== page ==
Bahram Shahrooz Named SEI Fellow
Bahram Shahrooz, UC civil engineering professor, was recently named a Structural Engineering Institute (SEI) Fellow. There are only 124 SEI Fellows in the United States and Canada, out of more than 25,000 members of the institute.
Bahram M. Shahrooz
By: Ashley Duvelius
Other Contact: Arthur Davies
Other Contact Phone: (513) 556-9181
has been named an American Society of Civil Engineers (ASCE) SEI (Structural Engineering Institute) Fellow. Shahrooz is a civil engineering professor in the University of Cincinnati College of Engineering and Applied Science Department of Civil and Architectural Engineering and Construction Management
. His fellow status will be official as of April 5, 2014, at Structures Congress in Boston.
SEI is one of the numerous institutes that comprise the American Society of Civil Engineers (ASCE)
. ASCE SEI established the SEI Fellow (F. SEI) grade of membership to recognize a select group of distinguished SEI members as leaders in structural engineering.
Shahrooz joined ASCE while he was in graduate school, and he’s been a member of SEI since its inception in 1996. He served as the chair of ASCE Composite Construction Technical Committee from 2001-2004. Additionally, Shahrooz was associate editor of ASCE Journal of Structural Engineering from 1994-1996, during which time he oversaw and coordinated the review of technical papers related to concrete and masonry structures.
“As of January 2014, there are only 124 SEI Fellows in the United States and Canada, out of 25,000+ members of SEI. I’ll be among roughly 5 percent of the institute’s members who have been recognized for their major contributions to the field of structural engineering. This is a tremendous honor to have been recognized for my research during the past 25 years at UC,” reflects Shahrooz.
Shahrooz attended Arizona State University and the University of Wisconsin-Madison, where he received his bachelor's of science and master's of science, respectively. He then went to the University of California at Berkeley and earned his doctorate in 1987. All of Shahrooz’ degrees were in civil engineering with an emphasis on structural engineering.
In 1988, Shahrooz joined the prestigious ranks of UC faculty and has enjoyed his 25+ years at the university. “Incidentally, my wife and I drove from Berkeley to Cincinnati. We arrived on Aug.t 8, 1988, around 8 o’clock: 8-8-88 at 8! We wondered, ‘Is this a coincidence or destiny?’” he recalled.
During his time with UC, Shahrooz has maintained a number of active research programs related to: (a) seismic performance of multistory buildings; (b) development of novel systems to reduce damage due to seismic loads; (c) fundamental studies in the use of advanced composites in civil infrastructures, such as bridge decks; (d) short-term and long-term health monitoring of bridges across Ohio; and (e) application of high-strength concrete and steel in bridges. He explains, “The field of seismic design and behavior of concrete structures was my ‘first professional love,’ and I’ve always enjoyed pursuing it.”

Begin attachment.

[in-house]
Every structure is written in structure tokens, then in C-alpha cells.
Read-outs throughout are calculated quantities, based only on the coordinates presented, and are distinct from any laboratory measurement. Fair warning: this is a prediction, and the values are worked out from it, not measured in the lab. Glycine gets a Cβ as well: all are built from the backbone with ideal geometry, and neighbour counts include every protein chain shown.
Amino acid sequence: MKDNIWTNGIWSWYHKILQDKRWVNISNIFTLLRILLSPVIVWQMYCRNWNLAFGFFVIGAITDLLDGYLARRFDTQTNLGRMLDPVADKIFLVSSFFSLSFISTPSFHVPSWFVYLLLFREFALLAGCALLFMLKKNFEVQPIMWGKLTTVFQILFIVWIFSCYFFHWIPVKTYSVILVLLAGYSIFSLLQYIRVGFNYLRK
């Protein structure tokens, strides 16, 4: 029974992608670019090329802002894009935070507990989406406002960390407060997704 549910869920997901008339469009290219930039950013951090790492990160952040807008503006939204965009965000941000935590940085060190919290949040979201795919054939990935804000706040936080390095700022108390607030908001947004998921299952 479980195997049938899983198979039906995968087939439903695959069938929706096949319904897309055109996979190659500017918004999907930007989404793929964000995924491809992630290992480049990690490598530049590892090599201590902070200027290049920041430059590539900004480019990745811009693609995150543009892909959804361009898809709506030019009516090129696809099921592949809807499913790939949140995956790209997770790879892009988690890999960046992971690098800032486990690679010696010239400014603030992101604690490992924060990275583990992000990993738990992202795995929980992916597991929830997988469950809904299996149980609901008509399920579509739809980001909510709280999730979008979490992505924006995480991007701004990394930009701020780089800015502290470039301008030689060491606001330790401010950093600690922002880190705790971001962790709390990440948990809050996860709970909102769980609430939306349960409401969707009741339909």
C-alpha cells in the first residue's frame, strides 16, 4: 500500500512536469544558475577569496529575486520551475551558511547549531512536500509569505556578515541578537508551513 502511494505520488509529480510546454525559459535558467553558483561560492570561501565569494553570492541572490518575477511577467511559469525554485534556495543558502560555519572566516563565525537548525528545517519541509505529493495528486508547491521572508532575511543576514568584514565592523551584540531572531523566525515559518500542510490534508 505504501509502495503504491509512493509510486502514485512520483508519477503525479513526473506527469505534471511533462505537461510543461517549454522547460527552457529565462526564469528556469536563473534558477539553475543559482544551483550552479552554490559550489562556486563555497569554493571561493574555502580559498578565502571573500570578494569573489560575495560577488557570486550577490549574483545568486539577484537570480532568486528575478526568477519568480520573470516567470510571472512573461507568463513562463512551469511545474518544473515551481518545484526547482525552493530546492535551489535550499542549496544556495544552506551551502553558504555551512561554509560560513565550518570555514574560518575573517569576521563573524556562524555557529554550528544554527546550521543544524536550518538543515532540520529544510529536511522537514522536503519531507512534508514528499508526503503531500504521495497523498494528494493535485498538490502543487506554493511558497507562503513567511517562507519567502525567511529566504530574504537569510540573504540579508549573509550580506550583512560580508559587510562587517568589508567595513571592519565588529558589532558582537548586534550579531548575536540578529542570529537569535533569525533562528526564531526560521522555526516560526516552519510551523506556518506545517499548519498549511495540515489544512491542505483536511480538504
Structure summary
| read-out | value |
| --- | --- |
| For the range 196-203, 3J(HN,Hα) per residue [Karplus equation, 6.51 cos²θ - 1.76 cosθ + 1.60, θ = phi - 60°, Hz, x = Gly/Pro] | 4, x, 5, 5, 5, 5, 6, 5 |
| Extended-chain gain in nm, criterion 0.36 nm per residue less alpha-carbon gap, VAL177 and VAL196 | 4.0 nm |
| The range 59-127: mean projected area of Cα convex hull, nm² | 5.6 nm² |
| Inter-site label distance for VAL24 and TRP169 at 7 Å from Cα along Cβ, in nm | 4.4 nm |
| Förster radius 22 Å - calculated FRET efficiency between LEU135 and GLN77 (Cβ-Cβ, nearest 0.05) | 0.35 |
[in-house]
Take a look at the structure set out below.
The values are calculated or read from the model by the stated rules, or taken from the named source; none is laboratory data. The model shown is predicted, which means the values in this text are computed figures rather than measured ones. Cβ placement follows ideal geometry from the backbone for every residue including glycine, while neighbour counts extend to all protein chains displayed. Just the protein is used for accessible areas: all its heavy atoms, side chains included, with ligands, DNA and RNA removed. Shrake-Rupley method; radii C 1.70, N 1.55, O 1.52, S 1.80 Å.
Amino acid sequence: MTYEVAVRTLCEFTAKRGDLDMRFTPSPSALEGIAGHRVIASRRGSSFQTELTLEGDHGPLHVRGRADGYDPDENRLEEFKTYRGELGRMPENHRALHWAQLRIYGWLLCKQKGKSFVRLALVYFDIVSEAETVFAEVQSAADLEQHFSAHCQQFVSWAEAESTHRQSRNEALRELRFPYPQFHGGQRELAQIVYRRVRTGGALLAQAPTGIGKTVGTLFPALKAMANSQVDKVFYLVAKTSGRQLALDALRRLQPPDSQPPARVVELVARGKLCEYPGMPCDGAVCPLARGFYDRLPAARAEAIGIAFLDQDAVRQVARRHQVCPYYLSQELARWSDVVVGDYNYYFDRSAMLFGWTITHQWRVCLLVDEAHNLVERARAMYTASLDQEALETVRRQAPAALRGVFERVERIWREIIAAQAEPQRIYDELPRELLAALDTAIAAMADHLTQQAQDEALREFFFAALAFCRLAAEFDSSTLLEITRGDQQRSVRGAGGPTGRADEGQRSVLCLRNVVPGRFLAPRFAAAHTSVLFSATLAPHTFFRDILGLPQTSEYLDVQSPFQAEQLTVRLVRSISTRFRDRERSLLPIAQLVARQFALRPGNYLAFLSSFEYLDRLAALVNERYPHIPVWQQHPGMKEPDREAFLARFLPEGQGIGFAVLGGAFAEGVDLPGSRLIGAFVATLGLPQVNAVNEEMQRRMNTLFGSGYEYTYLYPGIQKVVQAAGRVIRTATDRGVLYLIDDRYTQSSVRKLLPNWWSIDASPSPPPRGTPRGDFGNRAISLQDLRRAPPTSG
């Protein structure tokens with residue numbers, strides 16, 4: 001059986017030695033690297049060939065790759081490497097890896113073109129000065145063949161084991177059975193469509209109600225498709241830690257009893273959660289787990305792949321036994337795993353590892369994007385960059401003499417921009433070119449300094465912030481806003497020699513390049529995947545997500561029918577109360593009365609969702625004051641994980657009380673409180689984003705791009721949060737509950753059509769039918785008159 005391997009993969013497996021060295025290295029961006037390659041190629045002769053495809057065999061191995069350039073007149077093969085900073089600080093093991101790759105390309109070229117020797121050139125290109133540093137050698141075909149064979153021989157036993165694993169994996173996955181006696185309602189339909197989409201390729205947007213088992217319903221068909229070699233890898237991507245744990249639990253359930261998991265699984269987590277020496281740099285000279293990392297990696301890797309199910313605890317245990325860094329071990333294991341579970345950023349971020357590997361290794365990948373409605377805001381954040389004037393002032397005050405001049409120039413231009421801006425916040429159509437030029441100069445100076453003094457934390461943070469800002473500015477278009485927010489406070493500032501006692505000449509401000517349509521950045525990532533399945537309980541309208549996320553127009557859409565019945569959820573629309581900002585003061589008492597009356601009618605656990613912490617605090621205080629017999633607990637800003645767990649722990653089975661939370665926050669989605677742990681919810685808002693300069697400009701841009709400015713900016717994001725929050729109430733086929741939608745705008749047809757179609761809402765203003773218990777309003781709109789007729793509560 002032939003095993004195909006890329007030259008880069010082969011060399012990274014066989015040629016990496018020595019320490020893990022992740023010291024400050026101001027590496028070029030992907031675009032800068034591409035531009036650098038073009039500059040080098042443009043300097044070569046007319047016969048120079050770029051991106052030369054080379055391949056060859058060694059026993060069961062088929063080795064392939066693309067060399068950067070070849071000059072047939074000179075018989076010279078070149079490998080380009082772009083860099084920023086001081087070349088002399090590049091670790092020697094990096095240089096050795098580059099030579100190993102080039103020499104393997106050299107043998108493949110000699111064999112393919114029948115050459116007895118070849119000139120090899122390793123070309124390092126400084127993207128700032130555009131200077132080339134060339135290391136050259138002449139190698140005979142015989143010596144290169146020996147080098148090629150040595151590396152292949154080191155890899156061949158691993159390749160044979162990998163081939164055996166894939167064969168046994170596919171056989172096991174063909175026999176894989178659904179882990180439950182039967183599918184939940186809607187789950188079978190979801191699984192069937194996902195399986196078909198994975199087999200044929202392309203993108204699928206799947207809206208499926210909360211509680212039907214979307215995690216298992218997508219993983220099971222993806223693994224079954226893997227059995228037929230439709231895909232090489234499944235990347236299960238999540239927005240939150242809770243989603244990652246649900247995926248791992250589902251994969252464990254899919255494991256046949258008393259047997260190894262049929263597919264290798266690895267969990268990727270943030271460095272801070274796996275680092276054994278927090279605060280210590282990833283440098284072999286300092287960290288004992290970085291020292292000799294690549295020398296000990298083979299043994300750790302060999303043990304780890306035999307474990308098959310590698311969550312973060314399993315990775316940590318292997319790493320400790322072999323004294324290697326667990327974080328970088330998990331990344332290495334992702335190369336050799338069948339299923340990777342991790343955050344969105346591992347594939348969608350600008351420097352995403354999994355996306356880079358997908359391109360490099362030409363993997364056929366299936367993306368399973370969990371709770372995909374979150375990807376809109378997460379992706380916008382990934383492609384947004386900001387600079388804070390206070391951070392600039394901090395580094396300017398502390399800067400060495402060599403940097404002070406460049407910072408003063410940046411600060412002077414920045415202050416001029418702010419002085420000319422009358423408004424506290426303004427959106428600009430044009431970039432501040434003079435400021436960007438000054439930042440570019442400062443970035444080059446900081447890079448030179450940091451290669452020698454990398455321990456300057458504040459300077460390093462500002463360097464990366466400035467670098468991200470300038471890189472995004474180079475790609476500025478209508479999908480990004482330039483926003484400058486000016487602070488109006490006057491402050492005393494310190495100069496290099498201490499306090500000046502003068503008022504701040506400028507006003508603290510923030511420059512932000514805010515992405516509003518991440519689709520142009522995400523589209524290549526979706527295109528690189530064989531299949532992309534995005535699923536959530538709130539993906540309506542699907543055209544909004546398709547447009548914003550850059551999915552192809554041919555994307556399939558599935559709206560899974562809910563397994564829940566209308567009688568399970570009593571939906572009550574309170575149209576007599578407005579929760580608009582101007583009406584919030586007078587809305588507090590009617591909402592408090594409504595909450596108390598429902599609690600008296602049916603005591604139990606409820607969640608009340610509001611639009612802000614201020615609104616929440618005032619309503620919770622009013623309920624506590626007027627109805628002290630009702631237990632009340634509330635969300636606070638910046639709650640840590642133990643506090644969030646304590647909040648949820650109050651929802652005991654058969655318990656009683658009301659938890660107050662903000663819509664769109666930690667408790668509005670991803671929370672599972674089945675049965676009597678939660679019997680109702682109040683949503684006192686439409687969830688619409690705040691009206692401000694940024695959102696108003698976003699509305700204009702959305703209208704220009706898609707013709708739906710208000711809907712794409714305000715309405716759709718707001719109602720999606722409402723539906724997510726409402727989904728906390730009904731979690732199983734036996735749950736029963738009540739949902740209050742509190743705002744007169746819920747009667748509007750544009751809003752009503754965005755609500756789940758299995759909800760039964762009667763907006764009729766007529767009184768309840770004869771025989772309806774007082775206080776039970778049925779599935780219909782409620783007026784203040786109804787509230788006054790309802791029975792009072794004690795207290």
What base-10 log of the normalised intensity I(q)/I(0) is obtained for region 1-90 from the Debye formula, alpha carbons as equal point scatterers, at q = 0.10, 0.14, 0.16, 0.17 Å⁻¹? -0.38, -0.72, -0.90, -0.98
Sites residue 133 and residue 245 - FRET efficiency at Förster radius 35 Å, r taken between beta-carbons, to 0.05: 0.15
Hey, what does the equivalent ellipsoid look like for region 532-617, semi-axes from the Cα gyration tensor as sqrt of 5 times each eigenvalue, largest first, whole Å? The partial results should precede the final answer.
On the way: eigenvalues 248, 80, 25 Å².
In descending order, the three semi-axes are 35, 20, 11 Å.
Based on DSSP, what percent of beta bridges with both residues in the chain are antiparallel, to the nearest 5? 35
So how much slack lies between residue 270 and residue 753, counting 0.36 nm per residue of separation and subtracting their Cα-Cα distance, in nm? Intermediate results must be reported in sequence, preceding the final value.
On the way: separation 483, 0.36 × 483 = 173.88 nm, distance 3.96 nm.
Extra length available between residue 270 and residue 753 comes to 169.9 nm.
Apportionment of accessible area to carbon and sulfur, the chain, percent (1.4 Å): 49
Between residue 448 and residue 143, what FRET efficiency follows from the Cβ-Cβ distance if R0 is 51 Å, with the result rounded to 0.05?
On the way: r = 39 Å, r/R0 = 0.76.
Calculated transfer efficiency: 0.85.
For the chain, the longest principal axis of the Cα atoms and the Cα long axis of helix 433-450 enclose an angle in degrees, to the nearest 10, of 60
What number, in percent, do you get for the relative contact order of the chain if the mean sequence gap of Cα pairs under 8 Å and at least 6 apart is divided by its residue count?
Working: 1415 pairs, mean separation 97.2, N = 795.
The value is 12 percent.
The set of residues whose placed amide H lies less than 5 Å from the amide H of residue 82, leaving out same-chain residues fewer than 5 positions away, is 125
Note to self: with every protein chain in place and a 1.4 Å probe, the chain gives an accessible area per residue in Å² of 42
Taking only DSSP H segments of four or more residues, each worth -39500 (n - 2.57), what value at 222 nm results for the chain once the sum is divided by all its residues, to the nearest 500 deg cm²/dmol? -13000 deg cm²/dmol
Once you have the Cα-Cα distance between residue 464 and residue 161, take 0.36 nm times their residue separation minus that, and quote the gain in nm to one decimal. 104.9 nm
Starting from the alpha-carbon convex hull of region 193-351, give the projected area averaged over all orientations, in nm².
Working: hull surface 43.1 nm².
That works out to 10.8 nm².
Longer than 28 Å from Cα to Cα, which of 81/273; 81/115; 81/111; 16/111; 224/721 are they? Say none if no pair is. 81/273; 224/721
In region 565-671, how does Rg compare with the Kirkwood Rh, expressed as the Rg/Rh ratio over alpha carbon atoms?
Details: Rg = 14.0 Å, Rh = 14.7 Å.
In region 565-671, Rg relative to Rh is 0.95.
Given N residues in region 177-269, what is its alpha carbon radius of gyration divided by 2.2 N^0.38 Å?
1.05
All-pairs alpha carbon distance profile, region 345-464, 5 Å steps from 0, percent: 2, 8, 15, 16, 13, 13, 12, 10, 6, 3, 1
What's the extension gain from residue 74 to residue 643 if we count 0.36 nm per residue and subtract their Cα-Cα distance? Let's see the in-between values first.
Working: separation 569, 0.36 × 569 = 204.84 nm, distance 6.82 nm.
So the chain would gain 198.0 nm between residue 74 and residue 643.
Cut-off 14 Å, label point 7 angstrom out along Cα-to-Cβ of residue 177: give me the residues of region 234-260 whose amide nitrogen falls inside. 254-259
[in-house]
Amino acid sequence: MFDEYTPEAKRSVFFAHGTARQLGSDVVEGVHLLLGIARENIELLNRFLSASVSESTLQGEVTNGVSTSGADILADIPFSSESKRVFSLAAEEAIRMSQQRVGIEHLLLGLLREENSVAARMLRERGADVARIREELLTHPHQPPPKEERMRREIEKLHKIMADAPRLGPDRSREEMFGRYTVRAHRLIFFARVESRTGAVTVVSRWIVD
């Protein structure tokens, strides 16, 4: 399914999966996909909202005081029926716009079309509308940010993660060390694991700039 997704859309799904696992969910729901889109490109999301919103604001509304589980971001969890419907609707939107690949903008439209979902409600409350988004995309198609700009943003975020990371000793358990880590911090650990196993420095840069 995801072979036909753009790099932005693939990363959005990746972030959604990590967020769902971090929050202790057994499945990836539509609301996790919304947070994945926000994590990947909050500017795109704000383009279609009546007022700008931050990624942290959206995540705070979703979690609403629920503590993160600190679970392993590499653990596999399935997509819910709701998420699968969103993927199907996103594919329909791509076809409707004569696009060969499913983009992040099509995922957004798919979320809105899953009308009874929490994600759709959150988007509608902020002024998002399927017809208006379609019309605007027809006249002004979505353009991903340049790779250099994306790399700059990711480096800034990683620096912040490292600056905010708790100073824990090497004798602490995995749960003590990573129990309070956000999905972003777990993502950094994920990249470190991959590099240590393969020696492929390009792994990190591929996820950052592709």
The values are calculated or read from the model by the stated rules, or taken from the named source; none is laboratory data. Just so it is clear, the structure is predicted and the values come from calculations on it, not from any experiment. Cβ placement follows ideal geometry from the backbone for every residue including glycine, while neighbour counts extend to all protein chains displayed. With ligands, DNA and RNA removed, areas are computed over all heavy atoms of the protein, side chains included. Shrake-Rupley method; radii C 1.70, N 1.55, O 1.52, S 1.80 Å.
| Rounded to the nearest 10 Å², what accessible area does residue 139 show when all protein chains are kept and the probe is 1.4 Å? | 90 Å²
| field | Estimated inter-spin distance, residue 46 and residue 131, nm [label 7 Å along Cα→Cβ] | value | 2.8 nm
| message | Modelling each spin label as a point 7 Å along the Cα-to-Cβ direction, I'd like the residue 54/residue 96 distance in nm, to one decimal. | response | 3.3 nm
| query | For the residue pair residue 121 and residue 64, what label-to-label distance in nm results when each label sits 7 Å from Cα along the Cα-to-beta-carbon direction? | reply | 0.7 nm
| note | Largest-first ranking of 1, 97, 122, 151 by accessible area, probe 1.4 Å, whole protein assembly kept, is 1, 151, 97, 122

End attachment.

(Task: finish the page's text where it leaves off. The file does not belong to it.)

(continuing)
|Bahram Shahrooz (left) points Senator Chris Widener (right) to the control test that fractured a solid concrete pillar at UC's Center Hill facility.|
A key goal of Shahrooz’ research has been to not only generate fundamental data and push the envelope for better ways to design structures but also to develop knowledge that helps field engineers.
Shahrooz asserts, “I always tell my graduate students that I don’t want to see a voluminous research report that sits on somebody’s bookcase and collects dust. We need to help engineers design and build safer, more economical, and more durable buildings and bridges.”
One of Shahrooz’ first research projects, funded by the National Science Foundation, was to investigate novel structural systems for high-rise buildings using what is known as coupled core walls, or fuses. In this system, individual walls are linked together to form a “strong back” for the building enabling it to resist wind and earthquake loads. The space between these coupled walls is also typically used as elevator shafts. Shahrooz and his research team published a paper in 1993 that summarized their research results. This pioneering paper has since been deemed a “classic” in the structural engineering arena and he is now known as the “Father of the Fuse.”
Since early 1990s, Shahrooz continued working in the field and has enhanced his original concepts of the fuse. His system is currently used in One World Trade Center
, which is the tallest building in the US.
In Shahrooz’s field, being “accomplished” is demonstrated by having one’s work appear in building codes—and his research has been used to write major portions of “Seismic Provisions for Structural Steel Buildings,” published by the American Institute of Steel Construction, and also “AASHTO LRFD Bridge Design Specifications,” published by the American Association of State Highway and Transportation Officials.
Shahrooz affirms, “Being able to shape national building and bridge design codes plus publishing technical papers, which are routinely cited by researchers around the world, were instrumental in my election to become an SEI Fellow. Many countries use US building and bridge codes as the key component of their own codes, or use them verbatim. Therefore, my research has also benefited engineers in other countries. I’ll continue to push the frontier of structural engineering through my research, and educate future faculty and engineers.”
For more information about UC's Center Hill facility, please visit: http://ceas.uc.edu/news-1314/oh-senators-impressed-by-visit-to-ucs-center-hill-.html
For more information about the UC College of Engineering and Applied Science, please visit: http://ceas.uc.edu
For more information about the UC Department of Civil and Architectural Engineering and Construction Management, please visit: http://sas.ceas.uc.edu/